The airline industry has spawned a multitude of unlikely marriages: from Singapore Airlines working alliance-wise with bitter rival Thai Airways, to British Airways cozying up to arch nemesis American Airlines, marriages, and divorces in the world of flying, are rarely dull.
The wierdness continues with the recent Qantas and Emirates tie up: the struggling Australian flag carrier, once served several European cities from its hubs in Bangkok and Singapore, but now will serve just one: London Heathrow.
In a move that shows how dominant the middle east carriers have become, Qantas will now fly to Dubai and offload passengers there onto Emirates multi-pronged Indian, European and African route networks, saving it from flying against one of the world's leanest airlines.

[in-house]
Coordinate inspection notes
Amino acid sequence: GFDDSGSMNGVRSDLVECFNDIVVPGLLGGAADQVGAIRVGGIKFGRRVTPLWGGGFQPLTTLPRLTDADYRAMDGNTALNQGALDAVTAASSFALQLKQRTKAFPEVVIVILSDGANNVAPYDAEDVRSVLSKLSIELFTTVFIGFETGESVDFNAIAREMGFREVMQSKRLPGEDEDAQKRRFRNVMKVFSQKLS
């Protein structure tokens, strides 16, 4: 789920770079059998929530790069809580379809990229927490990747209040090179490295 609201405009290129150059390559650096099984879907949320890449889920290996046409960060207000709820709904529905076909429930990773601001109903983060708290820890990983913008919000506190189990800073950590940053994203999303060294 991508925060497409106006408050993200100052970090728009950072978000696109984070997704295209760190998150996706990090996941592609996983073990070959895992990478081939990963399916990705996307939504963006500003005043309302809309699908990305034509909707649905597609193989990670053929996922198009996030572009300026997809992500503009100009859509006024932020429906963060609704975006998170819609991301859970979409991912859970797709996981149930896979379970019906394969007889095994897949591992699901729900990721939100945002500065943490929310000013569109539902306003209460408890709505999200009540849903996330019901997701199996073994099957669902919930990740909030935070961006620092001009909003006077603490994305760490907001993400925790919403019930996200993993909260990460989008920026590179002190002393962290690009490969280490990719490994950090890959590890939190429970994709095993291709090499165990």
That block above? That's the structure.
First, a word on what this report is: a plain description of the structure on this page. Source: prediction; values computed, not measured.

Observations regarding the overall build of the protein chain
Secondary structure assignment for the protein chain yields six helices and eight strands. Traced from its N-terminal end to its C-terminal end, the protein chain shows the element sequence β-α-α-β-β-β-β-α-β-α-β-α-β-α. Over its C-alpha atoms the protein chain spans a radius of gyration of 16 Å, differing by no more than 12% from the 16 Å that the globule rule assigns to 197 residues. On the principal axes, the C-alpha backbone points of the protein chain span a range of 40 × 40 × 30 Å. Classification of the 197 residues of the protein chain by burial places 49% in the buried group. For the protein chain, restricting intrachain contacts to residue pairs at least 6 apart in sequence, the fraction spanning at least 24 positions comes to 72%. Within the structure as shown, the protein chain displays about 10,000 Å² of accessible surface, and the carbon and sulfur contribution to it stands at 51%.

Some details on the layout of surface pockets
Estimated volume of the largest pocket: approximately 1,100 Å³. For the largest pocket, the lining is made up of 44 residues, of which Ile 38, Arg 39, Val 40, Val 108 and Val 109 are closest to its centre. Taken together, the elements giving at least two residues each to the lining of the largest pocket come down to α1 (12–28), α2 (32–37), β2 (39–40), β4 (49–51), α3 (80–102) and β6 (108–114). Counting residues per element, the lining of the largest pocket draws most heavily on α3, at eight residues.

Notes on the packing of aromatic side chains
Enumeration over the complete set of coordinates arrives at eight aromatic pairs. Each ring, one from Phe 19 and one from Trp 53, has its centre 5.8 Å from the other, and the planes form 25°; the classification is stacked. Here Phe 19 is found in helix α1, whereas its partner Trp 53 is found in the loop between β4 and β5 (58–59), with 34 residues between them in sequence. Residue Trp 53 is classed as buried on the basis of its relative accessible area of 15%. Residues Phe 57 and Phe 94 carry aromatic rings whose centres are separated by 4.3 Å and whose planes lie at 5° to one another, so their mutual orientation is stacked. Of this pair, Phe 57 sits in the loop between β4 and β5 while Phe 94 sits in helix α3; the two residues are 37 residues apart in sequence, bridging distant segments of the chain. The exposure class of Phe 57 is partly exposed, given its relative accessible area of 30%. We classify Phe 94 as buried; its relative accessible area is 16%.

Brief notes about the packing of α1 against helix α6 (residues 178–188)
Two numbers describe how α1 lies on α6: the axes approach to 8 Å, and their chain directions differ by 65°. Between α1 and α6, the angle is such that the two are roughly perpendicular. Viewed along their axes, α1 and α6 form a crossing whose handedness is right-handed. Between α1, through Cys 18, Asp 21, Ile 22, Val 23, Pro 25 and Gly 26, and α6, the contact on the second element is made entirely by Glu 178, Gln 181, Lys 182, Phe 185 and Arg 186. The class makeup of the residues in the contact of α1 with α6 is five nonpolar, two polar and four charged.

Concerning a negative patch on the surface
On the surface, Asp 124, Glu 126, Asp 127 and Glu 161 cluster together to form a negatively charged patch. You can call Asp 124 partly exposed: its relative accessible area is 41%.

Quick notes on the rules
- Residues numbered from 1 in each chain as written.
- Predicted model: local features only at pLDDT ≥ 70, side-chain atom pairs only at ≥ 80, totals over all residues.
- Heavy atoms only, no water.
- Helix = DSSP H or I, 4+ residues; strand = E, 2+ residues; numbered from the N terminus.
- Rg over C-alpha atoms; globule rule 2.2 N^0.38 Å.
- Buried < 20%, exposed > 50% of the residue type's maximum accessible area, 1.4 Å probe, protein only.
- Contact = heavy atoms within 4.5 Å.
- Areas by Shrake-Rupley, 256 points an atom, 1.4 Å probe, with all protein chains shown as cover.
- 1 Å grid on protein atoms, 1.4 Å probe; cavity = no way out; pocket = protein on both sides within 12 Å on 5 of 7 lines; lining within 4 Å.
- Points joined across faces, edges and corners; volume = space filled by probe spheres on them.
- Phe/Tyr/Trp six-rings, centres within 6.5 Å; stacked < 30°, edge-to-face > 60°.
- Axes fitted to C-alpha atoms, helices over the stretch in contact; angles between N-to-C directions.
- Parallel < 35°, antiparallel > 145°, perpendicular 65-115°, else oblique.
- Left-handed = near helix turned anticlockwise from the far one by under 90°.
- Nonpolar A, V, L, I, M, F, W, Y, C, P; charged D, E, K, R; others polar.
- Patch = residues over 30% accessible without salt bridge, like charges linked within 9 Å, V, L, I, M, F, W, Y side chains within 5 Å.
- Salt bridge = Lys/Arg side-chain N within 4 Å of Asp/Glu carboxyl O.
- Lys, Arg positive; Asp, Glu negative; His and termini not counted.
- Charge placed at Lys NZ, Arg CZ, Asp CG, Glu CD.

The deal ends a 17 year parnership with British Airways on the Kangaroo Route, paving the way for the Falcon Route, as Dubai becomes the transit point for Europe bound Qantas passengers.
Shared lounge access will be one of the perks Qantas passengers will enjoy, while the airline itself is estimated to gain $90 million a year in profit from sharing revenue on ticket sales from Australia on Emirates planes.